Paul Weller has joined the chorus of critics challenging Record Store Day and the sales flips, mostly on eBay, that result of the day’s exclusive releases.
Writing on Facebook, Weller said that the practice “[is] such a shame because as you know I am a big supporter of independent record stores, but the greedy touts making a fast buck off genuine fans is disgusting and goes against the whole philosophy of RSD.” Weller’s single, limited to under 500 copies, was in stores for $7.99, while many copies are on sale for about $20.
Weller continued, referencing reports that some of Record Store Day’s exclusives had been put on eBay before they were available in stores, undermining the entire point of the event. “There were copies of my single on eBay the day before Record Store Day and I’ve heard stories of people queuing outside their local record shop only to be told there were none left at opening time!”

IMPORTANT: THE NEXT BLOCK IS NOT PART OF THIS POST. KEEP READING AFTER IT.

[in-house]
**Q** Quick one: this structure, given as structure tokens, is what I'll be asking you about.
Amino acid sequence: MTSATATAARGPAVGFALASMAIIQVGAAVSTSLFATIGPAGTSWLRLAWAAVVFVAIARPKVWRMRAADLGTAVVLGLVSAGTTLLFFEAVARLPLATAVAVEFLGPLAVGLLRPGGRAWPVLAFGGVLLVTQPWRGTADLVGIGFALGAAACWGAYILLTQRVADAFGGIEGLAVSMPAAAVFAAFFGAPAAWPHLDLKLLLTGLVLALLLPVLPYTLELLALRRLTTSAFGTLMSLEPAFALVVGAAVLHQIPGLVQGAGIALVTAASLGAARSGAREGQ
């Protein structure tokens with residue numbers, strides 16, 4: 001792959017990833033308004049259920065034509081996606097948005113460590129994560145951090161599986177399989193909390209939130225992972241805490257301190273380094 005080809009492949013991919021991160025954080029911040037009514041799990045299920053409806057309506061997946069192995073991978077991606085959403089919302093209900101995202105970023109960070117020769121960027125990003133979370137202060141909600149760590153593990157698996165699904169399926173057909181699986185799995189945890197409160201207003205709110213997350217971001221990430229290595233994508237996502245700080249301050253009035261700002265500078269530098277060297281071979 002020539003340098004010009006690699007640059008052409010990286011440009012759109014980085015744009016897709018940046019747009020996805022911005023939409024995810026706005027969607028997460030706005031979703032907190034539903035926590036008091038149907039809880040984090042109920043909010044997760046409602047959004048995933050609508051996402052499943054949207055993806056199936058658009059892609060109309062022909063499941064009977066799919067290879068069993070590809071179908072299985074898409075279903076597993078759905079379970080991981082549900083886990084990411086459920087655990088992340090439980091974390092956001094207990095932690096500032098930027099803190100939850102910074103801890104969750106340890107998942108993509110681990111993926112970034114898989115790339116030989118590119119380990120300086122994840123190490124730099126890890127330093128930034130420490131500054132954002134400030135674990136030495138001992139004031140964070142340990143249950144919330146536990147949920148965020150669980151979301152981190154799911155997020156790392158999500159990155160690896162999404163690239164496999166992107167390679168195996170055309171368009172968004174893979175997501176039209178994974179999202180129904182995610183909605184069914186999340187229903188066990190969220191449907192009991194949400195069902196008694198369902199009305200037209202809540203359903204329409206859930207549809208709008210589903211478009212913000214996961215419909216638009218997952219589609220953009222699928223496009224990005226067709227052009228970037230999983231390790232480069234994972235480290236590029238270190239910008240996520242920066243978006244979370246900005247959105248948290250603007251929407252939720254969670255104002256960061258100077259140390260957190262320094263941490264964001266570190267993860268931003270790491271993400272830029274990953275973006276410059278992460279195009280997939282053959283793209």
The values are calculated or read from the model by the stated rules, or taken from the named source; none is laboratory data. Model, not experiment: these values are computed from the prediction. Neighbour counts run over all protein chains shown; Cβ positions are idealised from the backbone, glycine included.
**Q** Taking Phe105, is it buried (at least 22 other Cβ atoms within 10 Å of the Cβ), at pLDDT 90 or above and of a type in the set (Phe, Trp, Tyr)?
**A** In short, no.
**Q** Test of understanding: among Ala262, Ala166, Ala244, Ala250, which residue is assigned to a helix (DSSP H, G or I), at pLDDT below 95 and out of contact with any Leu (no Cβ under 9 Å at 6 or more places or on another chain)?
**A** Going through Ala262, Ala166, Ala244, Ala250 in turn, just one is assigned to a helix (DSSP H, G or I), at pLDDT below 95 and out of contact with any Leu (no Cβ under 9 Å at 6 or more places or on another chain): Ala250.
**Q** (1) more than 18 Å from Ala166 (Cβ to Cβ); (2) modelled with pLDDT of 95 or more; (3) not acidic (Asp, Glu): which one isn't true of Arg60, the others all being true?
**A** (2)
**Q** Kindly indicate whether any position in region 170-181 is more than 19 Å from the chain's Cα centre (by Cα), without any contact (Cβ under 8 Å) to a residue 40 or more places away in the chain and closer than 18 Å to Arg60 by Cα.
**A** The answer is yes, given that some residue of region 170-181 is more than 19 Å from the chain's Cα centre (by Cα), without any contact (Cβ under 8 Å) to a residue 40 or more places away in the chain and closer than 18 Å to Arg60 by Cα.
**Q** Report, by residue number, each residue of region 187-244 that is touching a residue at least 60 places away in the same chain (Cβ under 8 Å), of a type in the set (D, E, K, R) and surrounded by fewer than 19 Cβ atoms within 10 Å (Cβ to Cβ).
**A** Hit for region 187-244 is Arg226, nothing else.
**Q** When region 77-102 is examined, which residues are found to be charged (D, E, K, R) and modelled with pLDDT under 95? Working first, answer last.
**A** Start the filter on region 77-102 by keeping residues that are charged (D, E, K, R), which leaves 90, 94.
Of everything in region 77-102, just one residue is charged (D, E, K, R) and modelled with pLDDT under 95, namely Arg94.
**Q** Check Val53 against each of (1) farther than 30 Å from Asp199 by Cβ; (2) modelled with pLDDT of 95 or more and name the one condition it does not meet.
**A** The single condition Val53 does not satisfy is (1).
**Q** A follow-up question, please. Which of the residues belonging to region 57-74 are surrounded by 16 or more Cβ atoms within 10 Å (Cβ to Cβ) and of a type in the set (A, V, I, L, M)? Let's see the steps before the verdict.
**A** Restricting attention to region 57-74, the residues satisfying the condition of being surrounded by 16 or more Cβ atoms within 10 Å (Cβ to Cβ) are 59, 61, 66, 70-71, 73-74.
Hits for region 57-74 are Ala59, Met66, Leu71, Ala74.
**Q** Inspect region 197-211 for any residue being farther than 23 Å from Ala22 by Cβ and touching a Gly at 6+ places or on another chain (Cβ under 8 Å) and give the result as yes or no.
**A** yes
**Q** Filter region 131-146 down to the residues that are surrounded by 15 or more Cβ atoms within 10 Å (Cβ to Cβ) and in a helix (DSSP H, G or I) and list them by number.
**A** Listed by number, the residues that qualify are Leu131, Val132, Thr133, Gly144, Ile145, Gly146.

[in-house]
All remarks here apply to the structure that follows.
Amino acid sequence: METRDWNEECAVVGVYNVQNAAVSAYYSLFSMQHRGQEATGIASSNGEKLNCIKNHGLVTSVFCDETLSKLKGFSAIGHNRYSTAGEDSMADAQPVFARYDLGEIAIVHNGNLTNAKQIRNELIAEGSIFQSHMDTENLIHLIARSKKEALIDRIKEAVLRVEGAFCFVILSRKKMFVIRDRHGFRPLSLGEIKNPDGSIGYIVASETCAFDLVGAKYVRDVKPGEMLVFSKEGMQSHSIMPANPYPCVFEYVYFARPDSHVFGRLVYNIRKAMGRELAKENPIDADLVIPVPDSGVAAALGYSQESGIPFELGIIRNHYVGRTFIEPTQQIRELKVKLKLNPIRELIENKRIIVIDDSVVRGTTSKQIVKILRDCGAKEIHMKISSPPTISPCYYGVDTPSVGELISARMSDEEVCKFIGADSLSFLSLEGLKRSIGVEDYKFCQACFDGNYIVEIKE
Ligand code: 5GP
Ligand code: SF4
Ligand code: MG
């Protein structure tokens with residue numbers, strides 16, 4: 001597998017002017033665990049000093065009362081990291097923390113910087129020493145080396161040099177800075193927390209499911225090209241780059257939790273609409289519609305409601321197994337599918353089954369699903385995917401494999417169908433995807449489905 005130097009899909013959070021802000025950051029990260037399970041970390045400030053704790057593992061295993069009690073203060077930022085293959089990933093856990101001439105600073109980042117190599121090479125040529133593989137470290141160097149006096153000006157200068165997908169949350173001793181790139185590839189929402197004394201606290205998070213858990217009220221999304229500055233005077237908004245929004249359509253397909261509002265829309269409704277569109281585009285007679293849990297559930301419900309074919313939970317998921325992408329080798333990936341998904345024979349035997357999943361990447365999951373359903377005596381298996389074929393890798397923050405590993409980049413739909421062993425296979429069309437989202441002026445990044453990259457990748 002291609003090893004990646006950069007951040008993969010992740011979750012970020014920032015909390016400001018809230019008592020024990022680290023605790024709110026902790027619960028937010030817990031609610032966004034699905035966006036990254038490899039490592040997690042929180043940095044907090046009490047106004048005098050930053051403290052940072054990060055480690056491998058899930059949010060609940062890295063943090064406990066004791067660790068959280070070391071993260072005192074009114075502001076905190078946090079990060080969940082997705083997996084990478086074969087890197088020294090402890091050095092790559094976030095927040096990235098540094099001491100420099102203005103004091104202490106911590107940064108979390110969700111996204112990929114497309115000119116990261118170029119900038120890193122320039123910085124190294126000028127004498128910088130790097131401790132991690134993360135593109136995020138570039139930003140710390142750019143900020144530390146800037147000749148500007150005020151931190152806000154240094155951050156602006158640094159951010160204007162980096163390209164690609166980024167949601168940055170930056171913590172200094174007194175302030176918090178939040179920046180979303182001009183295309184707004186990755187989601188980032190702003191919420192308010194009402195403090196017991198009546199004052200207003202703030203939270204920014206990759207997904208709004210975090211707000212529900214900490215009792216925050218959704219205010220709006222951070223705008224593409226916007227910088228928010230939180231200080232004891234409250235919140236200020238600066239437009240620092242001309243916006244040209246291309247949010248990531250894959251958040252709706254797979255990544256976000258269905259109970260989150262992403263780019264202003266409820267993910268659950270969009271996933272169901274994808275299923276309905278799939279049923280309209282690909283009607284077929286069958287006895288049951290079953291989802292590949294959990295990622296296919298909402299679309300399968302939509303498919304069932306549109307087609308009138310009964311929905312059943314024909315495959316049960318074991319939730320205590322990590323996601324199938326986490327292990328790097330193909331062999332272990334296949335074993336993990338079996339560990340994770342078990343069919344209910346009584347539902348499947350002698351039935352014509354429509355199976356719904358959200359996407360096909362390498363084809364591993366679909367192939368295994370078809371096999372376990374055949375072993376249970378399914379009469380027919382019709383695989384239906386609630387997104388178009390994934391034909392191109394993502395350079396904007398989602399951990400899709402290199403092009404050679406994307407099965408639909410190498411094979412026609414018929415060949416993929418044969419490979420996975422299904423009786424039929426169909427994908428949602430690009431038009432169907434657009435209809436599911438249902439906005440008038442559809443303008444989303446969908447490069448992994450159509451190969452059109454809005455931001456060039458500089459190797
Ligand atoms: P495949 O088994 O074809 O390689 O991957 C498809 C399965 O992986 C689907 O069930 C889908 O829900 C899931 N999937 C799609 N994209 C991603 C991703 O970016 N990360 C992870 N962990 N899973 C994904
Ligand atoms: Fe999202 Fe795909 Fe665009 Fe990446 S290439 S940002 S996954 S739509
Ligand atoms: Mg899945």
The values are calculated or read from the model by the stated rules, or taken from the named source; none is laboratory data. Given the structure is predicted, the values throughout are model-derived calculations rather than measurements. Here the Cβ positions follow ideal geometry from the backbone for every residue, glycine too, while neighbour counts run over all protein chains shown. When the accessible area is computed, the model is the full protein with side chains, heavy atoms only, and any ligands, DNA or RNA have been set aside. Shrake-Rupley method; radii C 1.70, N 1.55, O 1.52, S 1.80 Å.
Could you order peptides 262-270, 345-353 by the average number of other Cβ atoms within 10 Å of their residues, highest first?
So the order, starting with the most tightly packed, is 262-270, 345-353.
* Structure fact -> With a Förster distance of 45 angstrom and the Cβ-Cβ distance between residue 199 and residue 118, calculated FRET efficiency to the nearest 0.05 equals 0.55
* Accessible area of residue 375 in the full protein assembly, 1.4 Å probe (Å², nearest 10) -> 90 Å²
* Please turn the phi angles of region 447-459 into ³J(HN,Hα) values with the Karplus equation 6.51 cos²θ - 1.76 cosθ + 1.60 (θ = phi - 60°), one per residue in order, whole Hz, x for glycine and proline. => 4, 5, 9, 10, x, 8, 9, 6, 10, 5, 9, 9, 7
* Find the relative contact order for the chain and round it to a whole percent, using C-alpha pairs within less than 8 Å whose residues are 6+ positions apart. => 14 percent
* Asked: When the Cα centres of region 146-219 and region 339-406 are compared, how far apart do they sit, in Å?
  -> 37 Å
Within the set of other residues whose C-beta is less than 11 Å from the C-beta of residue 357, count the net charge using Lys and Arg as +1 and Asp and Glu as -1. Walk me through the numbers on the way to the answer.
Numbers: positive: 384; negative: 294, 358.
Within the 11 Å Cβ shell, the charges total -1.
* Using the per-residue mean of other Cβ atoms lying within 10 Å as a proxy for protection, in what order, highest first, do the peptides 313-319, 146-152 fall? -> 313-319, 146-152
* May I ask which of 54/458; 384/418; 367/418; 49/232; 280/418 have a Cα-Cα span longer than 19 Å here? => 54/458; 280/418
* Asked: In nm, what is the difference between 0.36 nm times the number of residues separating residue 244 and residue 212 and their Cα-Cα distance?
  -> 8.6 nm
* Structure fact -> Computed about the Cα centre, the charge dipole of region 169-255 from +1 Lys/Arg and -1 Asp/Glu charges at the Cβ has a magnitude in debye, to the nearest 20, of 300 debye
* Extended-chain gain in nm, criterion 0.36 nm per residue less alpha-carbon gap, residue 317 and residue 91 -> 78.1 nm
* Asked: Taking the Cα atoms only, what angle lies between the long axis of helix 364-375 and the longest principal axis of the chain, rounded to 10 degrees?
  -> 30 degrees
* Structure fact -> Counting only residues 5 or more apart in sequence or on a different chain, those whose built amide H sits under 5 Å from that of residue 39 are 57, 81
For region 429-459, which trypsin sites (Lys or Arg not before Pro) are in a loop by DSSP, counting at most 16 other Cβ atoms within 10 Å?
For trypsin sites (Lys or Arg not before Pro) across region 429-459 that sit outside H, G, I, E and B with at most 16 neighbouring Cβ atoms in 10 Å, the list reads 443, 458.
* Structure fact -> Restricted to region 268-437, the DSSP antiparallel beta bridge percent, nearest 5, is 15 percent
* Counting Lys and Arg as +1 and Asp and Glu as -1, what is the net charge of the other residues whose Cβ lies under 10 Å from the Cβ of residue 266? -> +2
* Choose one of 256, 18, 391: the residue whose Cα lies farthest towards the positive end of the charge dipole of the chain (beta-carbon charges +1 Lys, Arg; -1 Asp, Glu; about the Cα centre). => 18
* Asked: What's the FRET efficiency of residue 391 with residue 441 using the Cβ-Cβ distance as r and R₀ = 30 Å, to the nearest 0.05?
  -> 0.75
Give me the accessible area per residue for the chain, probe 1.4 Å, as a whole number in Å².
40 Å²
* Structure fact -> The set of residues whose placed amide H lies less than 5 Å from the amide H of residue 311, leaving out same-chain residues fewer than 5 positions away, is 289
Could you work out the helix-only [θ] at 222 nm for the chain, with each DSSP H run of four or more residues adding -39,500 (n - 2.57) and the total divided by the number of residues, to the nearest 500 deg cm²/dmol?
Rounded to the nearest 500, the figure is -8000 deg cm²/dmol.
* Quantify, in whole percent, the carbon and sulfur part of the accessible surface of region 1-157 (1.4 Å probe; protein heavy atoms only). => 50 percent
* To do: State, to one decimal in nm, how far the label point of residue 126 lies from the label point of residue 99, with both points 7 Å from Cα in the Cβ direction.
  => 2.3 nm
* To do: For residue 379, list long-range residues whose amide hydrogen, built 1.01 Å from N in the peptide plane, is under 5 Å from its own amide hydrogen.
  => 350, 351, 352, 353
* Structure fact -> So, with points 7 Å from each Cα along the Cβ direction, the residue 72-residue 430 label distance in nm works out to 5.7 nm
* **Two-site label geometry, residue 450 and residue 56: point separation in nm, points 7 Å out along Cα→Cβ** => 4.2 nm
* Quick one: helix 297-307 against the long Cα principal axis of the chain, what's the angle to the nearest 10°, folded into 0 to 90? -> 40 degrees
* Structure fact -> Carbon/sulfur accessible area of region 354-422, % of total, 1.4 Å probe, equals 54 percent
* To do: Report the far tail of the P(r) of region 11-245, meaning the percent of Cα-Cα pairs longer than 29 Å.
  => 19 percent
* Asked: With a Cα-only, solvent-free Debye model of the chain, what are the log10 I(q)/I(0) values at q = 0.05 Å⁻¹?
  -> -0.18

Billboard reached out to Record Store Day co-founder Michael Kurtz about exclusives showing up on Ebay even before the event took place. He explained: “Regarding the eBay stuff that was up last week: We checked and the vast majority [of sellers] were people who did not have the releases — we know this because they had not arrived in the stores yet — but were flippers who presented themselves as having them, with (presumably) the plan to go into the stores to get them and then flip them. This is a violation of eBay rules and we’ve reported them.”
While Kurtz’ statement still leaves open the possibility that a minority of eBay flippers had broken the embargoes and pledges that Record Store Day makes all participating stores agree to and sign, it makes clear that the pre-emptive listings were largely illegitimate from at least two angles.
And, much to Weller’s chagrin, there’s little to be done about collectors selling their limited-release records on eBay or the popular vinyl site Discogs after Record Store Day—much less events like the Brooklyn Flea Record Market or London’s Independent Label Market—have taken place.